Sea Spurge. In the Spring, they produce their remarkable receptacle-like flowers, which in close-up look to me like some sort of decoration for a miniature Christmas tree! The cup-shaped flower heads consist of a female flower – which is surrounded by male flowers (reduced to stamen) and four, crescent-shaped glands (known as involucre) which contain nectar, to attract pollinators. Ants are particularly attracted. A capsule-like fruit is produced, which contains just three large, resistant seeds, which reportedly can float in sea water and remain viable for several years.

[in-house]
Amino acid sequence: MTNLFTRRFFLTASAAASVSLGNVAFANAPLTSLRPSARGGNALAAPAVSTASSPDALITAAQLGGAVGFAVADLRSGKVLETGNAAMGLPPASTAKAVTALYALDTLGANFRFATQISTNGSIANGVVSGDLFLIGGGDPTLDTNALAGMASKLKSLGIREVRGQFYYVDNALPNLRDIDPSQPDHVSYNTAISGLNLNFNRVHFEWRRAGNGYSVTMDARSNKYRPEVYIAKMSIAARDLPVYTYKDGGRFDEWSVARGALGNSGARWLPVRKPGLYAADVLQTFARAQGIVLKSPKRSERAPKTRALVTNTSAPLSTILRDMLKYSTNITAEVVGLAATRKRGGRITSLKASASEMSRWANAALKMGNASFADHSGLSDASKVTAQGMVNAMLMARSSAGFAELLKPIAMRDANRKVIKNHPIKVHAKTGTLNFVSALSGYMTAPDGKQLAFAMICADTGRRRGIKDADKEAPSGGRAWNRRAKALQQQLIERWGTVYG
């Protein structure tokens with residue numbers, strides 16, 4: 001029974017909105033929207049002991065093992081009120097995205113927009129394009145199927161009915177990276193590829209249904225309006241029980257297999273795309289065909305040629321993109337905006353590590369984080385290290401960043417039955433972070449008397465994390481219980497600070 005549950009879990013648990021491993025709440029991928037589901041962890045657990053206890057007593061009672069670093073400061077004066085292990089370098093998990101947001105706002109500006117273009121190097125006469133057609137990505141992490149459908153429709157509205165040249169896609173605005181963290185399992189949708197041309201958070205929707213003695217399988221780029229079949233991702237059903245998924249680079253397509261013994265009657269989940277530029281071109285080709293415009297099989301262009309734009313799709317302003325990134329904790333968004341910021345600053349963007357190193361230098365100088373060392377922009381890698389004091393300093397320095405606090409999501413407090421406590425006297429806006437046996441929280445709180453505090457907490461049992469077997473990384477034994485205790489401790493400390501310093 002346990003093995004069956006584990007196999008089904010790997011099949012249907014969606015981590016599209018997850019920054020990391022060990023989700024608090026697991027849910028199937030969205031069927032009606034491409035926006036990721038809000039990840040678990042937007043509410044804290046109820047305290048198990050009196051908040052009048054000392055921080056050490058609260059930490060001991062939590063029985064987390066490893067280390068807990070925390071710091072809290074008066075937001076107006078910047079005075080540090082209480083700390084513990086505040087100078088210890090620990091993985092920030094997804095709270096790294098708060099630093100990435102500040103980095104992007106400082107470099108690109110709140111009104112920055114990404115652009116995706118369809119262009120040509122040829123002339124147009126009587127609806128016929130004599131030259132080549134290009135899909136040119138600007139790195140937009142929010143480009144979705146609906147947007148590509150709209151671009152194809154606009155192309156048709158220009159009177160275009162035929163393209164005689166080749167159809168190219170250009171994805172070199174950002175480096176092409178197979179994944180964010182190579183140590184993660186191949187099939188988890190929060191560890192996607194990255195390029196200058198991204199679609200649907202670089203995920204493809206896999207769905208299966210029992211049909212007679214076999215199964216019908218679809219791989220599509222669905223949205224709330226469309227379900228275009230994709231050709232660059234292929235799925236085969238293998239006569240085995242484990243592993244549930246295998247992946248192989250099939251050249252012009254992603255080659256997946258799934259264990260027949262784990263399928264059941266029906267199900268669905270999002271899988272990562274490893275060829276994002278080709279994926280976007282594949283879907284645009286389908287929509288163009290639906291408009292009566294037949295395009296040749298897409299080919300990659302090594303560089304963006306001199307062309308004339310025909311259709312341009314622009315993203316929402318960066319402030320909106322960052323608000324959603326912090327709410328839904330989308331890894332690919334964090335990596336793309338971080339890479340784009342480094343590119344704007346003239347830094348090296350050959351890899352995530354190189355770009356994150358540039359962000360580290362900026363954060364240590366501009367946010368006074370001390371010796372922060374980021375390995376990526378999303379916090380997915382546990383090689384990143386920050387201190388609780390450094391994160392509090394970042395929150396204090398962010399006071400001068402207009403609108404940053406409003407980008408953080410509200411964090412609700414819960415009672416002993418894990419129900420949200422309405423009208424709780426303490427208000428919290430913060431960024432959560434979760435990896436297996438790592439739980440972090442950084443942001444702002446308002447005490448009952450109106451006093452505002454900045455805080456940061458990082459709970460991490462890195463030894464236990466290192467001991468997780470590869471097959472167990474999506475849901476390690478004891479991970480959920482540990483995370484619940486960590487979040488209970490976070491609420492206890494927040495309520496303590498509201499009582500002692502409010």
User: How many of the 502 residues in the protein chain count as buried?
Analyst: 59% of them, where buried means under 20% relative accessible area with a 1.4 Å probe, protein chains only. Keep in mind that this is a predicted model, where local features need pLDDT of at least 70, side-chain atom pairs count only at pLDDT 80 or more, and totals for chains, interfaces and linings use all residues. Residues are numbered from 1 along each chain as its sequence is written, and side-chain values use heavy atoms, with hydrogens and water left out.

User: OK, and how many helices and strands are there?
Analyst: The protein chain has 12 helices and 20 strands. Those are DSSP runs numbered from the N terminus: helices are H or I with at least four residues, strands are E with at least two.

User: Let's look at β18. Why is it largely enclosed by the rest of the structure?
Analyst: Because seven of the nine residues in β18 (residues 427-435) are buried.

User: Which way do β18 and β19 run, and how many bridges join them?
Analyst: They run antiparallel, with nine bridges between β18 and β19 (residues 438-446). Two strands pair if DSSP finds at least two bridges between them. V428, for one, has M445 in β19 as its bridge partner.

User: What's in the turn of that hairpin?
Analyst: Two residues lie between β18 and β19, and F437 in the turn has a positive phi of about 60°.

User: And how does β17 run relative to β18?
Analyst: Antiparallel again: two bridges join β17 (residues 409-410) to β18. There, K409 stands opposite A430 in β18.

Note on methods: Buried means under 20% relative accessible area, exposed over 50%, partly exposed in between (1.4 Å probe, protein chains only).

I am a retired entomologist with a background in quarantine pests and invasive invertebrates. I studied zoology at Imperial College (University of London) and did a PhD on the population dynamics of a cereal aphid (Metopolophium dirhodum) in the UK. I spent 5 years with the British Antarctic Survey studing cold hardiness of Antarctic invertebates and 17 years with the Food and Environment Research Agency. My main interests now are natural history, photography, painting and bird watching.